“Playing the Field” and other work on stage and screen.

My poetry appears in two highly-respected journals

Delighted to tell you all that my poetry has featured in 2 well-respected literary journals recently. They are IMPSPIRED and THE BLUE NIB.
Impspired featured 3Poems and The Blue Nib featured 5 poems .

In May 2020 I was interviewed for the latter by Uk/Ireland poetry editor Tracy Gaughan.

Here is a link to the interview



I am joint winner of the Hedgehog Poetry collection competition

Abundantia FLoralibus will be published in 2021. Watch this space.

A taster poem from it is below

My Memoir is receiving praise from readers of ‘The Road to Cleethorpes Pier’

I am delighted with the response I have received to the release of my memoir of childhood. There are 5 star reviews on Amazon, including the one below. Copies can be bought from Amazon as paperback or as ebook downloaded to Kindle

Ebook: https://www.amazon.co.uk/dp/B08776HTMB

Paperback: https://www.amazon.co.uk/Road-Cleethorpes-Pier-memoir-prose/dp/1999870573/

One of my poems ‘Washday Wednesdays’, speaks about how complicated doing the laundry was in the 1940s/50s without washing machines! My Nan came to help my Mum and they used equipment which is now displayed in museums. Below you can see a photo taken at an exhibition at Lincoln Castle showing zinc tub, dollyposher ( for beating dirt out of the clothes), a scrubbing board and a tin bath. In addition ( not shown) a huge mangle was needed to put the clothes through and sting out the water before pegging out on the line. Doing the weekly laundry was a very time-consuming activity.


On windy washdays mum was stressed.
Wind chimes clanked and jangled
in the fierce gale. Washing flapped wildly

on the clothes line –- a string of ghostly bodies
on the hangman’s gallows,
bloated corpses with distorted limbs.…

In the lull between gusts you might catch
the crackle of sweet wrappers in forgotten pockets,
loose buttons tapping out morse-code messages.

Across the lawn crumpled leaves,
as lined as Nanny Buttle’s street-map face,
went chasing ceaselessly back and forth.

The tight-lipped dolly pegs swung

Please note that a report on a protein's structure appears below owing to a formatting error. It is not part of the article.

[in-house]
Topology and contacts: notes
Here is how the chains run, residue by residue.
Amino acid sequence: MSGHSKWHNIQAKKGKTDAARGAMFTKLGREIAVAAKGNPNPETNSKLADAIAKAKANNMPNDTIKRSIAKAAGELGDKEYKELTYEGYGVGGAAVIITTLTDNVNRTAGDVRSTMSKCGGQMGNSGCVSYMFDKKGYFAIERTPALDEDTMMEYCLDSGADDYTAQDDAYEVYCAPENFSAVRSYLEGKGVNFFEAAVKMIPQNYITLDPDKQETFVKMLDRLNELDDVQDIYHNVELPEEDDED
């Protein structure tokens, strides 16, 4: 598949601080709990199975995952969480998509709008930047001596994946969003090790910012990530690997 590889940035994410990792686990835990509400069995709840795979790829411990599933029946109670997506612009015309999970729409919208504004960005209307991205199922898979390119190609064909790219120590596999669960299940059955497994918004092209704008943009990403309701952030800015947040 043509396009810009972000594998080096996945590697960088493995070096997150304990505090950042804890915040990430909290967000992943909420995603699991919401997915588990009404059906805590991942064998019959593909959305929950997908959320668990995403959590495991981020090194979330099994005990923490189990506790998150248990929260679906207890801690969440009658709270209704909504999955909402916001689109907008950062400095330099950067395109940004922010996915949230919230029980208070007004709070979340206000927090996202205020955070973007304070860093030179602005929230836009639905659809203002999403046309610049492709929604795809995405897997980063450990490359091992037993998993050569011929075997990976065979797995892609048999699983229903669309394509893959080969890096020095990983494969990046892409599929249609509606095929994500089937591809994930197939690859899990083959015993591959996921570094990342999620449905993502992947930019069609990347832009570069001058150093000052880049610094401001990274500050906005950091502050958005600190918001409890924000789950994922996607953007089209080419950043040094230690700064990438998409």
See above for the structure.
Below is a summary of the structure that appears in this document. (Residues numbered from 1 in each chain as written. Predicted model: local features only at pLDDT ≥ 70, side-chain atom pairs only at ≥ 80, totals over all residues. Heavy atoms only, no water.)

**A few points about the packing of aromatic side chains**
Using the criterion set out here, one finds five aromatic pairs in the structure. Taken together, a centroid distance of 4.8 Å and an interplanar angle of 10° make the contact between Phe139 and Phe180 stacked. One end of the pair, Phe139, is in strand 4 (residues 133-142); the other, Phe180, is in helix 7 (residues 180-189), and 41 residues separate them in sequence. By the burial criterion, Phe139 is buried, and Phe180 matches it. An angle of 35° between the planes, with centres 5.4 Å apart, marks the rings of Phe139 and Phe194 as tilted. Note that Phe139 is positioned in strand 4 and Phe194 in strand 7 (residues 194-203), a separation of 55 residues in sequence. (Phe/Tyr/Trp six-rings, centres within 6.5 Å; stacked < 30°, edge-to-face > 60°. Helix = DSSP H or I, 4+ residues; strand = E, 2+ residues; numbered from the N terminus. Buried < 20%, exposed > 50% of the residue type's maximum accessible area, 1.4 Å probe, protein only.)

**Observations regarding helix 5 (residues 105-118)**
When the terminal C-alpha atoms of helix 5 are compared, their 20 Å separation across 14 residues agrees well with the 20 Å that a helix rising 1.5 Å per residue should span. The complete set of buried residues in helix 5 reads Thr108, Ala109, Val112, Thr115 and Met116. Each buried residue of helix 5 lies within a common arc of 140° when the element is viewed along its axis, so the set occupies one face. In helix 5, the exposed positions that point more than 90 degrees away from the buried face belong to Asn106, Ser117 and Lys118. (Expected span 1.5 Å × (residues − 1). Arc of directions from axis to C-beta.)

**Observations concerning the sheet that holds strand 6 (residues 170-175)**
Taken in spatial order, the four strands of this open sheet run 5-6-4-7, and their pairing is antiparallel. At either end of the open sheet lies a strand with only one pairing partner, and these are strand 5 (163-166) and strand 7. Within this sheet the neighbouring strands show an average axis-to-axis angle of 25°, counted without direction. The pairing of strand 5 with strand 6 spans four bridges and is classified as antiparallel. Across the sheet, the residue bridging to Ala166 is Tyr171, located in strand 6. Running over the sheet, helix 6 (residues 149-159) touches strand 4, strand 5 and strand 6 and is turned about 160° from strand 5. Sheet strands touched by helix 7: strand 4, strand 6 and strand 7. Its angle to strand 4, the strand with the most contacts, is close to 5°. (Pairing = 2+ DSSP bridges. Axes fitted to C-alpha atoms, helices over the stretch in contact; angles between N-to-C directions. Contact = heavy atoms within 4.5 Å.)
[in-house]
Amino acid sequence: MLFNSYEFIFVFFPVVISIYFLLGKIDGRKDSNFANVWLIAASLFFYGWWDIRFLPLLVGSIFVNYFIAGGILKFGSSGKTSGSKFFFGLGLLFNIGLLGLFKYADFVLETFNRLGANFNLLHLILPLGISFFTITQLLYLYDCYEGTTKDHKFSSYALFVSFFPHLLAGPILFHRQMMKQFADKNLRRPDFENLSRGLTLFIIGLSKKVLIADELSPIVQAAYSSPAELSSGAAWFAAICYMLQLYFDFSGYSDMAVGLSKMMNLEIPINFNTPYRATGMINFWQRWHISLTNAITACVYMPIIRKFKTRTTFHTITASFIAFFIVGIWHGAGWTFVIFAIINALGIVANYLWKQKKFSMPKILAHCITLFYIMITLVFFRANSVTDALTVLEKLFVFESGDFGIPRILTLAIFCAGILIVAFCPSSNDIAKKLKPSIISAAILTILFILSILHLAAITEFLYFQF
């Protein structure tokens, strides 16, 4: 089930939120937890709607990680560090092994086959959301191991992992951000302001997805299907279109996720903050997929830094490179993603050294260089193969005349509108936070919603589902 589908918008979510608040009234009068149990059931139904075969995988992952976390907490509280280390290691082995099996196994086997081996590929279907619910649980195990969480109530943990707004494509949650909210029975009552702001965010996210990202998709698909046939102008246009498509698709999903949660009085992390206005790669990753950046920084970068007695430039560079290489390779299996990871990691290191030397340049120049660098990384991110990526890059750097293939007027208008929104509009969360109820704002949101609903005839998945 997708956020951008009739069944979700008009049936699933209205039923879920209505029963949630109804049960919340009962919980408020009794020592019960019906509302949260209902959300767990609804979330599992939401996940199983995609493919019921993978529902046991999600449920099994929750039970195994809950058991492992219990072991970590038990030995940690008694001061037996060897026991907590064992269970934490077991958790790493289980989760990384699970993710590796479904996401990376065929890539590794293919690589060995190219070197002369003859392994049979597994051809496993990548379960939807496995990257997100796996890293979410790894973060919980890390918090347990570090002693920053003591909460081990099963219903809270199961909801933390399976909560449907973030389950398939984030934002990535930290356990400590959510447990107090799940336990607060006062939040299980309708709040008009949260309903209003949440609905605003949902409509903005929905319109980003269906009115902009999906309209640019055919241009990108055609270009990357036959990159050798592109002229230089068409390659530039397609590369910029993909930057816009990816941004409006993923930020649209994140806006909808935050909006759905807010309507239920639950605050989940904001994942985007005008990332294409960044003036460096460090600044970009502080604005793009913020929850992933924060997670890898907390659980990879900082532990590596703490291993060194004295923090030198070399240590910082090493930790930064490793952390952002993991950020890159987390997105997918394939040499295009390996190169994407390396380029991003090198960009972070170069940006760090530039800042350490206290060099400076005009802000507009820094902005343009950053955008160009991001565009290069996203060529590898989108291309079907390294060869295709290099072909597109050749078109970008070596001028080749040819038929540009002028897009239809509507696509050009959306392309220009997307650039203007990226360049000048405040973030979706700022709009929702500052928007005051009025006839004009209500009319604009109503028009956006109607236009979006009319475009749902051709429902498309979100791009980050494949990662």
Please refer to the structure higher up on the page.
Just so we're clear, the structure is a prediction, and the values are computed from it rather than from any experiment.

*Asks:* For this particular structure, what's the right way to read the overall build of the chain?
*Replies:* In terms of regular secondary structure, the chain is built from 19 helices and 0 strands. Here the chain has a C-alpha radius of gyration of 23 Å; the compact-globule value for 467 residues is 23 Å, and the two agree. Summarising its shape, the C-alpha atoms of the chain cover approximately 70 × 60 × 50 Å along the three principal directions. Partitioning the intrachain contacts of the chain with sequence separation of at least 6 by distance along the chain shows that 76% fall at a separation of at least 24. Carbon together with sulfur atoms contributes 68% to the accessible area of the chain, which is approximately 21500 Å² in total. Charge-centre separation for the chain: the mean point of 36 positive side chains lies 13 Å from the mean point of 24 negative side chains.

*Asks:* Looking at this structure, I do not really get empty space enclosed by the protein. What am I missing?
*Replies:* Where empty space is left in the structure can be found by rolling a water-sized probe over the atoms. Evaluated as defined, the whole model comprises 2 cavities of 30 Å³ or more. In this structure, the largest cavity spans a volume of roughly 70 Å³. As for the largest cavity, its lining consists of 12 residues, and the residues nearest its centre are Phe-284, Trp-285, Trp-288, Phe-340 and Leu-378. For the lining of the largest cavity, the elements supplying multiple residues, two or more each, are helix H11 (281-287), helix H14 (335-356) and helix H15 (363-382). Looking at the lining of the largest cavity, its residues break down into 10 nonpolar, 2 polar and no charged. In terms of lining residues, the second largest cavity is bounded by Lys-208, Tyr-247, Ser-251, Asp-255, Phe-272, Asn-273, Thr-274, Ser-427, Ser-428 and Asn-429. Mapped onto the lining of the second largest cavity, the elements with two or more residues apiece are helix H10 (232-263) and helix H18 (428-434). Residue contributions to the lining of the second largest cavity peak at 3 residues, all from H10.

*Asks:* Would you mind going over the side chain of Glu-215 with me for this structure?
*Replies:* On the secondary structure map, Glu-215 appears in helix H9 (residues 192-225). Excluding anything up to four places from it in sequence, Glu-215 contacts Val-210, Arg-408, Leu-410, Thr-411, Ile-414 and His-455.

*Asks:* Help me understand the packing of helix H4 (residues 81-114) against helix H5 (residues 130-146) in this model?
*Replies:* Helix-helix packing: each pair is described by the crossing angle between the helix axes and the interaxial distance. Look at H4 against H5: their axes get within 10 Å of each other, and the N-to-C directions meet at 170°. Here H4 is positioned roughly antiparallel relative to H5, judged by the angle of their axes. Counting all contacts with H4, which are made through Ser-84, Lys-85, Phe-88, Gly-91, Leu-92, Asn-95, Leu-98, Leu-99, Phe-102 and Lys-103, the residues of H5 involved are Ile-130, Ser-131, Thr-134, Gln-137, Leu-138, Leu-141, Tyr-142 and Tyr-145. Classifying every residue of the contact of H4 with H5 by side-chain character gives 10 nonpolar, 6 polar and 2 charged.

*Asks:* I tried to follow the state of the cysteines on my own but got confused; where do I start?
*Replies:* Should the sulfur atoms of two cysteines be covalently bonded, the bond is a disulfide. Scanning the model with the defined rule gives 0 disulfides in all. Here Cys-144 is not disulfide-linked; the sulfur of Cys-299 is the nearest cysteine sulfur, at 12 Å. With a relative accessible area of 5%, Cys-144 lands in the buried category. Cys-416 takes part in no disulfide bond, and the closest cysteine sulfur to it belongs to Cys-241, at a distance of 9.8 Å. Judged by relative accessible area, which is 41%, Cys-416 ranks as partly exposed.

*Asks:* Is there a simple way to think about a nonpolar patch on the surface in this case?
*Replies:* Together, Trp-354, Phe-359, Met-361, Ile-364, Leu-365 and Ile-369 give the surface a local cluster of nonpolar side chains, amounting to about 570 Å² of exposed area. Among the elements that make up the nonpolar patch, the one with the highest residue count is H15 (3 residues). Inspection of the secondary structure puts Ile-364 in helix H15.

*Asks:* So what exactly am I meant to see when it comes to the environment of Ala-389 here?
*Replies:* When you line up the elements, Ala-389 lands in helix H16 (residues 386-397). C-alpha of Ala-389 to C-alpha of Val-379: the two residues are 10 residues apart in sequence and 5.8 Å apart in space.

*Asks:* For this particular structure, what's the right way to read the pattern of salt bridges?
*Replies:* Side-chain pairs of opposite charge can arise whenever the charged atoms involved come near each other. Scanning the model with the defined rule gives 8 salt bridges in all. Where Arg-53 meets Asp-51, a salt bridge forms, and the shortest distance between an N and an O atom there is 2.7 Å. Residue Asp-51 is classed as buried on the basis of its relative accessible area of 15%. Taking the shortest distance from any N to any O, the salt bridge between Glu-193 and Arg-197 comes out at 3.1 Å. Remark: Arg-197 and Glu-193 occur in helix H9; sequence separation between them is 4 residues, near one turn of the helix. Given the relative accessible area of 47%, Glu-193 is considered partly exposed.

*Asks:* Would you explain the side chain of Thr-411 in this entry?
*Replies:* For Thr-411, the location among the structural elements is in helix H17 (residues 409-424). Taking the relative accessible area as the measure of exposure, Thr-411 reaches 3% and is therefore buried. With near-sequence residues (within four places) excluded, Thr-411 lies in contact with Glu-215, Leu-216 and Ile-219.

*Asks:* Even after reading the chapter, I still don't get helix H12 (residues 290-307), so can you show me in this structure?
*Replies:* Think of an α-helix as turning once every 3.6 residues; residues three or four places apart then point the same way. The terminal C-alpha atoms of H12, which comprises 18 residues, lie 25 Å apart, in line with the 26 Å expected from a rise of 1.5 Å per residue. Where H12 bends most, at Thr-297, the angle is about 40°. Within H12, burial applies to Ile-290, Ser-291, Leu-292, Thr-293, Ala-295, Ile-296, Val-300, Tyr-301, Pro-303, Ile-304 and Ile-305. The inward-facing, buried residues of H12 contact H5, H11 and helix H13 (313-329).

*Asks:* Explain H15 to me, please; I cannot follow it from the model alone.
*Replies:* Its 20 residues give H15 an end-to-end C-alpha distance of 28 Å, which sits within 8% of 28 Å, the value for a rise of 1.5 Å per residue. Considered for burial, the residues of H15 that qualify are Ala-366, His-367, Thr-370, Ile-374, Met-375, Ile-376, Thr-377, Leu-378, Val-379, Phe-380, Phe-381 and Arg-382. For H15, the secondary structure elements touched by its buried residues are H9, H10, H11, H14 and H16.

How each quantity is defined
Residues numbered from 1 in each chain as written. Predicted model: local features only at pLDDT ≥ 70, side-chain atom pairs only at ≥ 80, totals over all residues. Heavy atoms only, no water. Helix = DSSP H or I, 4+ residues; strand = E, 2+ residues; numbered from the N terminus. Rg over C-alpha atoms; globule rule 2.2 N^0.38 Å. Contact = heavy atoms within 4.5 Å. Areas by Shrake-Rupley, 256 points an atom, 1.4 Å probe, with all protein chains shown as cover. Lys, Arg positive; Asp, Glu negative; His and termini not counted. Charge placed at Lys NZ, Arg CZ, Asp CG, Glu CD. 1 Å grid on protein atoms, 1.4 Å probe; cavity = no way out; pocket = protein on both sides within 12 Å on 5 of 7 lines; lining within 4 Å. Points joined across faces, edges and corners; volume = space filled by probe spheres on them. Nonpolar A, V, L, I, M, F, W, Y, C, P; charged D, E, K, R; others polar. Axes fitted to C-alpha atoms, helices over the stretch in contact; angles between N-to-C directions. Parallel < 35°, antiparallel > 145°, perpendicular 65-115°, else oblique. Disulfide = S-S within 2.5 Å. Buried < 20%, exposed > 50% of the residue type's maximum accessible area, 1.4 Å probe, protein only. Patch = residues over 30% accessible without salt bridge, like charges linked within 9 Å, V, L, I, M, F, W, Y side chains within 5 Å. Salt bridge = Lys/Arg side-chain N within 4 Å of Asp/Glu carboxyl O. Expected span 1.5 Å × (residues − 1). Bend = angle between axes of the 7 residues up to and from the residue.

like pendulums with each new assault.
Yet their resistance proved too much

for the wind’s frenzied onslaught.
He would turn on the sulking clouds
with their churlish attitude… . . .

Something had to give,
Someone had to bend to his will
before he blew himself out.

With a frown on her face, hair tied up factory-girl style
in a neat turban, my mum pushed the damp clothes through
the mangle, Wilfred Pickles would often be on the radio.

I knew it was best to make myself scarce,
so I would creep off to my bedroom with a book,
knowing I could read my Enid Blyton tales undisturbed.

Publication date is almost here! Weds 20th May 2020 The Road to Cleethorpes Pier – a memoir of childhood

I am really excited that the great day is very close now, just 4 days away on Weds 20th May. The Paperback copies of my book have arrived and I am now taking oreders via PayPal. Go to PayPal.com and the link PayPal.me/MargaretRoyall. The price is £10.50 to include post and packing. The memoir will also be available on Amazon and Kindle, £8.99 for paperback and £4.99 for Kindle download.

It is an unusual fusion of poetry, prose, old photographs and memorabilia. It loosely takes its form from the Japanese Haibun but is updated to a modern western style.

Here is a synopsis of what to expect

The Road to Cleethorpes Pier
A Memoir in Prose and Verse

‘I never missed my childhood home
until the tide stopped rolling in and
ochre sand no longer crunched between my toes …’

Nottinghamshire poet Margaret Royall’s new memoir is unusual. It takes the form of a ‘Haibun’ – a traditional Japanese combination of prose and poetry.
Margaret says: ‘I have chosen this form deliberately. The range of Haibun is broad and frequently includes autobiography. In this case the combination of prose and contemporary poetry has allowed me to really convey the beauty of growing up by the seaside in a bygone era.’
The history:
Margaret was born in 1944 to the bustle of Cleethorpes. Her world is one of family outings in a tiny Austin 7, ferry rides across the Humber, and lifelong friendships that are forged in unexpected places.
Family runs like a comforting thread throughout this lovely book, and it has been illustrated with many original photographs.

Readers will enjoy the nostalgia of poems about pushing damp clothes through the mangle on washdays, the smell of gas light, and eating fish and chips wrapped in newspaper. There are also vivid descriptions of steam travel to London, and the former glory of the Grimsby fishing fleet. And finally there are many powerfully subtle, heartfelt moments conveyed by poems and extracts about the lifelong friendships Margaret has formed along the way.
The Road to Cleethorpes Pier is beautiful portrait of childhood in prose and verse ‐ perfect for anyone who has dreamed of growing up by the seaside

Topical: Margaret Royall’s passion for poetry began in early childhood. Retirement brought the opportunity to pursue her writing seriously, giving voice to acute experiences of loss, grief and chronic illness.

The Road to Cleethorpes Pier is published on 20 May 2020 in ebook and paperback priced £8.99
A special hand bound hardback edition is also being produced at the publisher’s studio


Love Calls Me Home
A breath of cool air kisses my brow,
disturbs the tangled curls on the pillow.